In the days leading up to the California Supreme Court’s historic same-sex marriage ruling Thursday, the decision “weighed most heavily” on Chief Justice Ronald M. George -- more so, he said, than any previous case in his nearly 17 years on the court.
The court was poised 4 to 3 not only to legalize same-sex marriage but also to extend to sexual orientation the same broad protections against bias previously saved for race, gender and religion. The decision went further than any other state high court’s and would stun legal scholars, who have long characterized George and his court as cautious and middle of the road.
But as he read the legal arguments, the 68-year-old moderate Republican was drawn by memory to a long ago trip he made with his European immigrant parents through the American South. There, the signs warning “No Negro” or “No colored” left “quite an indelible impression on me,” he recalled in a wide-ranging interview Friday.
“I think,” he concluded, “there are times when doing the right thing means not playing it safe.”
Yet he described his thinking on the constitutional status of state marriage laws as more of an evolution than an epiphany, the result of his reading and long discussions with staff lawyers.
As he sometimes does with the most incendiary cases, George assigned the majority opinion to himself. He wrote and rewrote, poring over draft after draft. Each word change had to be approved by the other three justices joining him in the majority. Even the likely dissenters had to be told in “pink slips” of every word change.
On Wednesday, the long-awaited ruling was finally ready.
Court Clerk Fritz Ohlrich locked up stacks of the fat, stapled court opinions in his office to protect against leaks, and George’s staff asked that security be beefed up. A fellow justice told George she would be at her desk in the morning because she wanted “to be part of history.”
On Thursday, George was in his chambers, being interviewed for a documentary on death penalty administration. He said he wished he had canceled the interview.
He was on camera when he heard “a big roar” from the crowd outside.
George, who grew up in Los Angeles, said he counts gays among his friends. Four years ago, he peered out his chambers’ windows across from San Francisco City Hall to watch gay couples lining up to marry. He saw the showers of rice, the popping of champagne corks, the euphoria of the couples.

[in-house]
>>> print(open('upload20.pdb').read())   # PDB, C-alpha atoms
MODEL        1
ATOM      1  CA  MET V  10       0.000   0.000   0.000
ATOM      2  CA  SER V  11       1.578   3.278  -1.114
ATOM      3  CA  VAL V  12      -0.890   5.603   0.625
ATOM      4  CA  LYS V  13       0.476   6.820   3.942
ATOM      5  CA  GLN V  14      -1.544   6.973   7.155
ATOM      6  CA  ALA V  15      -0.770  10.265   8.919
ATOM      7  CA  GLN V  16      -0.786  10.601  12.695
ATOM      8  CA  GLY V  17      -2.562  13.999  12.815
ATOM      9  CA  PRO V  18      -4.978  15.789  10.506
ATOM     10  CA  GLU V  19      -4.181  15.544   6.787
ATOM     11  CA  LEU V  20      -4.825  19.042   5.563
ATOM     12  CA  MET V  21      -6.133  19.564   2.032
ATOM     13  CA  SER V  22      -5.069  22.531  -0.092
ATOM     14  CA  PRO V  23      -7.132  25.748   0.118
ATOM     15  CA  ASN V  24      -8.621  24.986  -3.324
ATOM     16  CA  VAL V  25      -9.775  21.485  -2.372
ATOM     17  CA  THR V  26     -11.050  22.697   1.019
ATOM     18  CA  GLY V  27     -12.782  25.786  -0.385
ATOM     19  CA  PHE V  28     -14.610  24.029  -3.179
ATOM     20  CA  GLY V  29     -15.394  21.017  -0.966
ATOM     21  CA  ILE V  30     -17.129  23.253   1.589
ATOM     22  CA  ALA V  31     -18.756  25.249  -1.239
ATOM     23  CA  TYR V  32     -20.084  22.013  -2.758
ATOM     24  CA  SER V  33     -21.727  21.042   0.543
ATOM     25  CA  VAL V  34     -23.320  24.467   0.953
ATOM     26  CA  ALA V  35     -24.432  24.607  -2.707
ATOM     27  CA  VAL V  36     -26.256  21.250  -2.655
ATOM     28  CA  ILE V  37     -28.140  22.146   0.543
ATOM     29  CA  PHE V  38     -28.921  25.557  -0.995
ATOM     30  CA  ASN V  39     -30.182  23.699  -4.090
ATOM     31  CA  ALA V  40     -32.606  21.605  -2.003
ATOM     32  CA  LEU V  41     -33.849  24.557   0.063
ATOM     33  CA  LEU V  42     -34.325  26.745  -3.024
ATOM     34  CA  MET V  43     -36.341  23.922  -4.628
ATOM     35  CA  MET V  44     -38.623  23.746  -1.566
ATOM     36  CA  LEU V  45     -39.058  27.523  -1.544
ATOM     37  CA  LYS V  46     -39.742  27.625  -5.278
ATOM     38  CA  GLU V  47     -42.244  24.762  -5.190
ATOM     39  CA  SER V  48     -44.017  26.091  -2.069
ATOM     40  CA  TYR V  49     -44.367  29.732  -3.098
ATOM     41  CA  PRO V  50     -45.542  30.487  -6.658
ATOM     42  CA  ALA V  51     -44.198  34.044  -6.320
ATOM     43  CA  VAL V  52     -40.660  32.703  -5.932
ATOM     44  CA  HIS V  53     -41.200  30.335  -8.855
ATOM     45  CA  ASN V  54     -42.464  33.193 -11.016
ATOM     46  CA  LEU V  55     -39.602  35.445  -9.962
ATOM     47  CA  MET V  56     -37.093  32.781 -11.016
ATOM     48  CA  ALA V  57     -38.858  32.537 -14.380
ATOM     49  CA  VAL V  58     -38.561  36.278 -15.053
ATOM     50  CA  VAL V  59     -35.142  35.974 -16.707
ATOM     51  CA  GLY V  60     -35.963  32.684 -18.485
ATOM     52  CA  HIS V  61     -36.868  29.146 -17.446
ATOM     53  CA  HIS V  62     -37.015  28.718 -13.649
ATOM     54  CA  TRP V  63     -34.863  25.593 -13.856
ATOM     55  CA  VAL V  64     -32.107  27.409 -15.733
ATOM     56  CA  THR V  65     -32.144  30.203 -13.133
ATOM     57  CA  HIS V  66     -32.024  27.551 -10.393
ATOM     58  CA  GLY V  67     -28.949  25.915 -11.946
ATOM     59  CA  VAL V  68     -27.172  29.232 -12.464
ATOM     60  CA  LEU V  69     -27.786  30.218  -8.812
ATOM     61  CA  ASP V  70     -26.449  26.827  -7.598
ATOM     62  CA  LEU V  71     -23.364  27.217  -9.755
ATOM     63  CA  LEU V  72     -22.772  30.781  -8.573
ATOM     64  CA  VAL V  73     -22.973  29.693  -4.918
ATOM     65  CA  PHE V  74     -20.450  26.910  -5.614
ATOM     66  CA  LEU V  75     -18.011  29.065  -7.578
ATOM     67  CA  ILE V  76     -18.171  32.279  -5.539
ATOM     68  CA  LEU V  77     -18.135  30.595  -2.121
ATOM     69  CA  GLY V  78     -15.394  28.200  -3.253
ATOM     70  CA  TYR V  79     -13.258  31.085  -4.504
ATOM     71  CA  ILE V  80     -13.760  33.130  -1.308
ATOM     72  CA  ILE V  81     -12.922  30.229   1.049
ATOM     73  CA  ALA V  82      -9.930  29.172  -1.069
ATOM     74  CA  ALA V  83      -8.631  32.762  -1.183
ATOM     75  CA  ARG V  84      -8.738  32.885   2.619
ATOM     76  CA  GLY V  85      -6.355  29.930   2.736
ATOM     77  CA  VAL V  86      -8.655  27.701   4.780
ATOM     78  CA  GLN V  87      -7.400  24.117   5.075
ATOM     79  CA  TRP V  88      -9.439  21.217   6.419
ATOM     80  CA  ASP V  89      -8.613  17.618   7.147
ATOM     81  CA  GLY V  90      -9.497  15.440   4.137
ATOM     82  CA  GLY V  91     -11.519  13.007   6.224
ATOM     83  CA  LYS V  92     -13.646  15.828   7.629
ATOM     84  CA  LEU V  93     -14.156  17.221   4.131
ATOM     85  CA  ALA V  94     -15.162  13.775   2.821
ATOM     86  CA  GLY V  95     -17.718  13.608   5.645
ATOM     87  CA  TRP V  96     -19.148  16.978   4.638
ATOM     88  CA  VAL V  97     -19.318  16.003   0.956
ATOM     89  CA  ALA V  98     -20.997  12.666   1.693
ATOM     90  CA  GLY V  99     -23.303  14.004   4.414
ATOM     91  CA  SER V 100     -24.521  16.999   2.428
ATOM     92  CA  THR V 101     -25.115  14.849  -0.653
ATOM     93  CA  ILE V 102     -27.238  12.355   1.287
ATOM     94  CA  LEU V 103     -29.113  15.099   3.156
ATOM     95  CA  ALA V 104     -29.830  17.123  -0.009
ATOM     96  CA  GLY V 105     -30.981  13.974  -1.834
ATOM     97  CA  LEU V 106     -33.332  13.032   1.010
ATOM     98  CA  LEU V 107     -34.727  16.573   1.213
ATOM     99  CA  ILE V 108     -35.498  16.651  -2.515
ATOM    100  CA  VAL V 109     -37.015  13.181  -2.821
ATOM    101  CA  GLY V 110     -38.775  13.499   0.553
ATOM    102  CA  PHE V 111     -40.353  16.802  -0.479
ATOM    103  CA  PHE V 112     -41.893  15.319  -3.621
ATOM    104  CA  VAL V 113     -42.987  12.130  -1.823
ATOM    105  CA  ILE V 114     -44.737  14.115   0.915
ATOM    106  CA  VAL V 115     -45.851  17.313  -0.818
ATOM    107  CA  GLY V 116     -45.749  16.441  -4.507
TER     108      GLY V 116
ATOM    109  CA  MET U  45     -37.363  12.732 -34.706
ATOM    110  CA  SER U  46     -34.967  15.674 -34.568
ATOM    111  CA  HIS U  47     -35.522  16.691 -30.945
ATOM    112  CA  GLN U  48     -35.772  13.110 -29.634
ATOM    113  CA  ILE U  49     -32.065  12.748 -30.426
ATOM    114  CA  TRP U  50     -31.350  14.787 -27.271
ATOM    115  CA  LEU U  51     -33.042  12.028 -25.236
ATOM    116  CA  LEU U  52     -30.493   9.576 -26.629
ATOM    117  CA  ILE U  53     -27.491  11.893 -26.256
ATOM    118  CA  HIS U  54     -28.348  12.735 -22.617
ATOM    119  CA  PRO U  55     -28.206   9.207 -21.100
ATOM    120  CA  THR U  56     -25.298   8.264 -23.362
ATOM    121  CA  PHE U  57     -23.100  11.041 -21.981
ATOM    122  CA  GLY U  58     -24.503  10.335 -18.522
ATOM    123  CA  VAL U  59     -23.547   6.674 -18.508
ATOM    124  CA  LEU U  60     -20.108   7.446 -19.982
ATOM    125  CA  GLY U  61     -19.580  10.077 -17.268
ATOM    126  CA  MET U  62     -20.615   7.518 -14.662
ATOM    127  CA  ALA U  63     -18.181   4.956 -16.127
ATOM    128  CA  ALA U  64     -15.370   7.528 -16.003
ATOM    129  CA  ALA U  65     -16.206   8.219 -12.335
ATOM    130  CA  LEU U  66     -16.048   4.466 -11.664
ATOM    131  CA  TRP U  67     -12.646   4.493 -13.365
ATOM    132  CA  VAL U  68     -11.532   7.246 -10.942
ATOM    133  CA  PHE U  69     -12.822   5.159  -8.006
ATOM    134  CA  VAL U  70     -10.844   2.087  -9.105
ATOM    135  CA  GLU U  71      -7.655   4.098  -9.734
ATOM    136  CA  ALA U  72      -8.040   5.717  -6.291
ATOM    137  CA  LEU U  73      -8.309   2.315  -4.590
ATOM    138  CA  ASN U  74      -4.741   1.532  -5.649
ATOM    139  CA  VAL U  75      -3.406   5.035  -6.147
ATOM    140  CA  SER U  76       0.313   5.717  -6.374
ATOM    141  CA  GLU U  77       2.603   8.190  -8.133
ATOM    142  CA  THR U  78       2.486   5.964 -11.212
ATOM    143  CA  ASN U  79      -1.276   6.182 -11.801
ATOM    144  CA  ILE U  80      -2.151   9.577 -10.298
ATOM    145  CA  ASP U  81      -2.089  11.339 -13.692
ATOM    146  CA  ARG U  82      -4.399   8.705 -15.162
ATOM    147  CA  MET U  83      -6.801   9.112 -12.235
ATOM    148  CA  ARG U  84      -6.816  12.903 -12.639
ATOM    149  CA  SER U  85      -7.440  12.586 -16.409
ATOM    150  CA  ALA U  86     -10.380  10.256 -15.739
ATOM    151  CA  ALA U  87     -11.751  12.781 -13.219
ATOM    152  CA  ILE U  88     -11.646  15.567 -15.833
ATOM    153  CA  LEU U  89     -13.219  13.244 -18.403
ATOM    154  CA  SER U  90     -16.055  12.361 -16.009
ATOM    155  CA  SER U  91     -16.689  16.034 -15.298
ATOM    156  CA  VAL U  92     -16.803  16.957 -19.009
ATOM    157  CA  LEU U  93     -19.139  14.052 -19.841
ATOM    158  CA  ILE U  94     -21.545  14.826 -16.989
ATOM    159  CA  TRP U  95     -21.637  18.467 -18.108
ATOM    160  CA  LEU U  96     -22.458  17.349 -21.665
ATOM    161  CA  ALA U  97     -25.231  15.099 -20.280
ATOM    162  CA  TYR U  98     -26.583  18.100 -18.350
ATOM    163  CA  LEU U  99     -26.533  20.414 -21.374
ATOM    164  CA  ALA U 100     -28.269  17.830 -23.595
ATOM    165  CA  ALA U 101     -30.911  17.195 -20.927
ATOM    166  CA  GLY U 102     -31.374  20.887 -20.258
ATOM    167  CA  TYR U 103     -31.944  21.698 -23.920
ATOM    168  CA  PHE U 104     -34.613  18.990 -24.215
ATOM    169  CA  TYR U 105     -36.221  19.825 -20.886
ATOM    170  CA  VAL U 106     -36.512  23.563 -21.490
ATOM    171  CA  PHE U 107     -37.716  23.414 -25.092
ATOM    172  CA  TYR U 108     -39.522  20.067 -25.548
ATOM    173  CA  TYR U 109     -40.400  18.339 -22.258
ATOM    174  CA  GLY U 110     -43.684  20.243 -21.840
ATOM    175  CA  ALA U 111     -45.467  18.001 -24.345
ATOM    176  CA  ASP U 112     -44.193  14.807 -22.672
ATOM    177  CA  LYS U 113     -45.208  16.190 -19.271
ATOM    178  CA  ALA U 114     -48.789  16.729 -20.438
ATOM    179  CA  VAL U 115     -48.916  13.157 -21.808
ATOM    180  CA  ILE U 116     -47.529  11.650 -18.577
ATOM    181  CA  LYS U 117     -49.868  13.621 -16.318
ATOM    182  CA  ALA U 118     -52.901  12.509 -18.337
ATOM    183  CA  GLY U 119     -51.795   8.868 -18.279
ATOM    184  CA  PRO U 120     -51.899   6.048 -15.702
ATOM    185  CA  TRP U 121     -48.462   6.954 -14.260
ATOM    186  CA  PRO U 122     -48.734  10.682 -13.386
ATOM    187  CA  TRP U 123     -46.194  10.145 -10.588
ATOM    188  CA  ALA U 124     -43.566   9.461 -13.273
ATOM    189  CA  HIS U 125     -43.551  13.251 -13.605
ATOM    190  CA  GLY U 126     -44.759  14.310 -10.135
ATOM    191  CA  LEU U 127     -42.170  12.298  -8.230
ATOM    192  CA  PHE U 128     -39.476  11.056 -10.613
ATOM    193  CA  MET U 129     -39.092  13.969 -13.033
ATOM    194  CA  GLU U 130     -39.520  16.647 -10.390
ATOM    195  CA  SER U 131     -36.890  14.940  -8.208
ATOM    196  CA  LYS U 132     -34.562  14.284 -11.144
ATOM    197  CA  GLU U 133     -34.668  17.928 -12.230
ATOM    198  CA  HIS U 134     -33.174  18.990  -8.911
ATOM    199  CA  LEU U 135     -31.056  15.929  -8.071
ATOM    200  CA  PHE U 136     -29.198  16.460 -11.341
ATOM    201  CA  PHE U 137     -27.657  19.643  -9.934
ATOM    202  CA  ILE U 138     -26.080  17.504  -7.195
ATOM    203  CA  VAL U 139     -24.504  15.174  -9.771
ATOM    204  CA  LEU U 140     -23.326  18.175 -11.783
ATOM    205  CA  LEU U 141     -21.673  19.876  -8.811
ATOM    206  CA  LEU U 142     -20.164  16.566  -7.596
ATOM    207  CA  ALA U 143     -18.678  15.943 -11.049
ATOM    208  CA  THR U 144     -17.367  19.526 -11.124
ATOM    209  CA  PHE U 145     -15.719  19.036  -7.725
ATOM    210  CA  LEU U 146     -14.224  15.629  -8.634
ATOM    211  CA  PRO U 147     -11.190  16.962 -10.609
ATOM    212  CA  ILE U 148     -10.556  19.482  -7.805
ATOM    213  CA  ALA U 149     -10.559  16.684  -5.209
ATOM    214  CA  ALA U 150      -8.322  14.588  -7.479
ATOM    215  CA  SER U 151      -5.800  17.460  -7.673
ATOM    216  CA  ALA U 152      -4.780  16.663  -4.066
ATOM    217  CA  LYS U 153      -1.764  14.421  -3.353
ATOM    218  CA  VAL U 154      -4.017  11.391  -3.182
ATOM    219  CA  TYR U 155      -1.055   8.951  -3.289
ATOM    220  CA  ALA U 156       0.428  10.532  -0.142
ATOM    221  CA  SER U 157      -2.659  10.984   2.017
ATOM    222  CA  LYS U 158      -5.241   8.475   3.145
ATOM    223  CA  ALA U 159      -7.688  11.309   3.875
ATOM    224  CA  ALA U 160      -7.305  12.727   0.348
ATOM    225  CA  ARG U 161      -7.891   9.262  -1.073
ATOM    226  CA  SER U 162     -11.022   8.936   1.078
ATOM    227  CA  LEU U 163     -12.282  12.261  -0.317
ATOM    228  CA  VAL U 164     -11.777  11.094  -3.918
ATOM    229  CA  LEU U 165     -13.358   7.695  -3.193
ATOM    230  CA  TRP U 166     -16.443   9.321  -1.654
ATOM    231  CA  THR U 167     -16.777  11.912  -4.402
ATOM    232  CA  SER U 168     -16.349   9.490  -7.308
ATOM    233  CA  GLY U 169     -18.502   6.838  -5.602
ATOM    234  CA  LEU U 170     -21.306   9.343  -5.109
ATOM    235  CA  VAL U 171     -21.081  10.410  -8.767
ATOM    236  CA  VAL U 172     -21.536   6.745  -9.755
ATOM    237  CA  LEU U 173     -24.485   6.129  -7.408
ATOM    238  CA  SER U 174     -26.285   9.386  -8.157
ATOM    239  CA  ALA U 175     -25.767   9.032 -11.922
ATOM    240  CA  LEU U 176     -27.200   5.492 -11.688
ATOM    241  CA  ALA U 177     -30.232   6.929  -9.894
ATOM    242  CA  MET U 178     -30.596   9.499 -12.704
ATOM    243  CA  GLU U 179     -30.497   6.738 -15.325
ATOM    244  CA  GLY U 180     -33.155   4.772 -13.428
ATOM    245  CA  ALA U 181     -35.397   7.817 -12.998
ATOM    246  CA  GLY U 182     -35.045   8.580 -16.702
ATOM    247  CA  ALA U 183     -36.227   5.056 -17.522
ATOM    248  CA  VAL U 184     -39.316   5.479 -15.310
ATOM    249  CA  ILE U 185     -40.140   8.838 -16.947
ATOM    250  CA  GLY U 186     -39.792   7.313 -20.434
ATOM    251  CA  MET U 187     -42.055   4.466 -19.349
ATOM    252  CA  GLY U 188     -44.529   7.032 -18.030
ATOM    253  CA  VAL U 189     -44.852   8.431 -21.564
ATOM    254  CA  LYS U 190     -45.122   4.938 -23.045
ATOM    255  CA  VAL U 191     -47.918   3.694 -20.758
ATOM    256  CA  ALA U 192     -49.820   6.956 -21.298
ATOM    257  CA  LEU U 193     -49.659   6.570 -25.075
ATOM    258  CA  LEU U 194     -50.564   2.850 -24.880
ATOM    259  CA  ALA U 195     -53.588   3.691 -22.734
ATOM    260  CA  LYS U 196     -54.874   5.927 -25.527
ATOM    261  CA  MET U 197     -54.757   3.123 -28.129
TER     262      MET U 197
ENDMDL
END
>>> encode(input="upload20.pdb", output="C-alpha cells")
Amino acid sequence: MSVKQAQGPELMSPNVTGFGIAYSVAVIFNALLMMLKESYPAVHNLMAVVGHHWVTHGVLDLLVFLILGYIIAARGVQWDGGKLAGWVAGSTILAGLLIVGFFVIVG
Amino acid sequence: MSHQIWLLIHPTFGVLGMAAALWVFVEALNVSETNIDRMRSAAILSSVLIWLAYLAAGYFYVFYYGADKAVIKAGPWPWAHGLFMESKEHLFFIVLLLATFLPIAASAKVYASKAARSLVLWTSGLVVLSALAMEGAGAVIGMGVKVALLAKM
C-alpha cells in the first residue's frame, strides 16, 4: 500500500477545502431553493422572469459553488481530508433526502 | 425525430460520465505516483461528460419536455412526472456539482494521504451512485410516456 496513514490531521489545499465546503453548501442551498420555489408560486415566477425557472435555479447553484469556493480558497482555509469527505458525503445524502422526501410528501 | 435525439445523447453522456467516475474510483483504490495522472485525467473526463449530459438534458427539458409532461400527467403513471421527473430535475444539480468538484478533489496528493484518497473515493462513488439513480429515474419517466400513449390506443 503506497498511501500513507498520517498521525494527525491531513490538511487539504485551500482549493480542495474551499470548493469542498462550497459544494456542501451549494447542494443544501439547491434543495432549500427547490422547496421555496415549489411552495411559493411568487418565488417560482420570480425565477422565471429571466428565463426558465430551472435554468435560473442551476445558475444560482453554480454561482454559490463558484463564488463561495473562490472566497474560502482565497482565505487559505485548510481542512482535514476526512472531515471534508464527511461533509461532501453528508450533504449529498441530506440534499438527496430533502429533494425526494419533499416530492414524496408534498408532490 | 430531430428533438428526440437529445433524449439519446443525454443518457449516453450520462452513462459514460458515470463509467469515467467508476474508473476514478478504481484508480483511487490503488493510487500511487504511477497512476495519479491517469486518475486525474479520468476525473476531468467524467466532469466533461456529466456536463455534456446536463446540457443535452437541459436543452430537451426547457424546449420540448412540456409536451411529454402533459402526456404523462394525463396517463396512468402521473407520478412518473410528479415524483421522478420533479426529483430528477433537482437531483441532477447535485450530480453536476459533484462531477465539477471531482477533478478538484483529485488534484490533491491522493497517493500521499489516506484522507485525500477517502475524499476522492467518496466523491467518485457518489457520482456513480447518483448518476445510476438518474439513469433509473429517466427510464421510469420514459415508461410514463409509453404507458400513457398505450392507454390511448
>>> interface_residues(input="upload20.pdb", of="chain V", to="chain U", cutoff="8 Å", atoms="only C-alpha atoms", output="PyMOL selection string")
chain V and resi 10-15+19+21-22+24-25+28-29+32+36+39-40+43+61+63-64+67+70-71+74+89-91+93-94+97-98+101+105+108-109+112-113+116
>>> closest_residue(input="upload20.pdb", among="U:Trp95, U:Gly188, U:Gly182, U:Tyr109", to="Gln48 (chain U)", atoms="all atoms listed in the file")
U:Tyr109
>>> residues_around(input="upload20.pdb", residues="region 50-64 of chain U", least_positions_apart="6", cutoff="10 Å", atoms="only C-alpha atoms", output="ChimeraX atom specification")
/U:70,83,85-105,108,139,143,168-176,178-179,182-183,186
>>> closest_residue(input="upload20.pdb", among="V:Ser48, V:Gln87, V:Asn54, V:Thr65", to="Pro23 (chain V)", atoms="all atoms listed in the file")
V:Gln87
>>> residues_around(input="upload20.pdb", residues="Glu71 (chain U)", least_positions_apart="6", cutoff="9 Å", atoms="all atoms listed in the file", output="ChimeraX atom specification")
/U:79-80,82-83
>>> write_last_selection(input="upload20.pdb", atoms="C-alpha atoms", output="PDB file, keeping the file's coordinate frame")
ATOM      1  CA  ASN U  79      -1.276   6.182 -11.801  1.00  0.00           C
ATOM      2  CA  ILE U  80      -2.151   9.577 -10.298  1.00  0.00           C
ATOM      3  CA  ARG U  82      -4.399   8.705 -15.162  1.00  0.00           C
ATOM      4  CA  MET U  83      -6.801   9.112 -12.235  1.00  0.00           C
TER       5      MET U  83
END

He later joined four other justices in nullifying the marriage licenses, which the court deemed to have been granted illegally by San Francisco. The court refused to take up the constitutional questions of same-sex marriage then, insisting the cases work their way up through the courts.
A trial judge ruled in favor of same-sex marriage. A court of appeal overturned that ruling. And finally, the case was on George’s desk.
George said he had voted to void the marriage licenses because he did not think they should be “in limbo” while the courts tackled the constitutional issues. Once he took up the constitutional challenge, he said he did not permit any consideration of political fallout.
“I am very fatalistic about these things,” he said. “If you worry, always looking over your shoulders, then maybe it’s time to hang up your robe.”
Court rules bar George from discussing the ruling until it takes effect in 30 days or more.
During the two-hour interview with The Times, he refused to disclose anything about the court’s internal deliberations and responded to a number of questions by reading aloud from the decision. His elegant and comfortable chambers had neat stacks of papers piled on the floor, all over his desk and on a long conference table.
Asked whether he thought most Californians would accept the marriage ruling, George said flatly: “I really don’t know.”
He indicated he saw the fight for same-sex marriage as a civil rights case akin to the legal battle that ended laws banning interracial marriage. He noted that the California Supreme Court moved ahead of public sentiment 60 years ago when it became the first in the country to strike down the anti-miscegenation laws.
California’s decision, in a case called Perez vs. Sharp, preceded the U.S. Supreme Court’s action on the issue by 19 years. Even after that ruling, Californians passed an initiative that would permit racial discrimination in housing. The state high court again responded by overturning the law, George said.
Rather than ignoring voters, “what you are doing is applying the Constitution, the ultimate expression of the people’s will,” George said.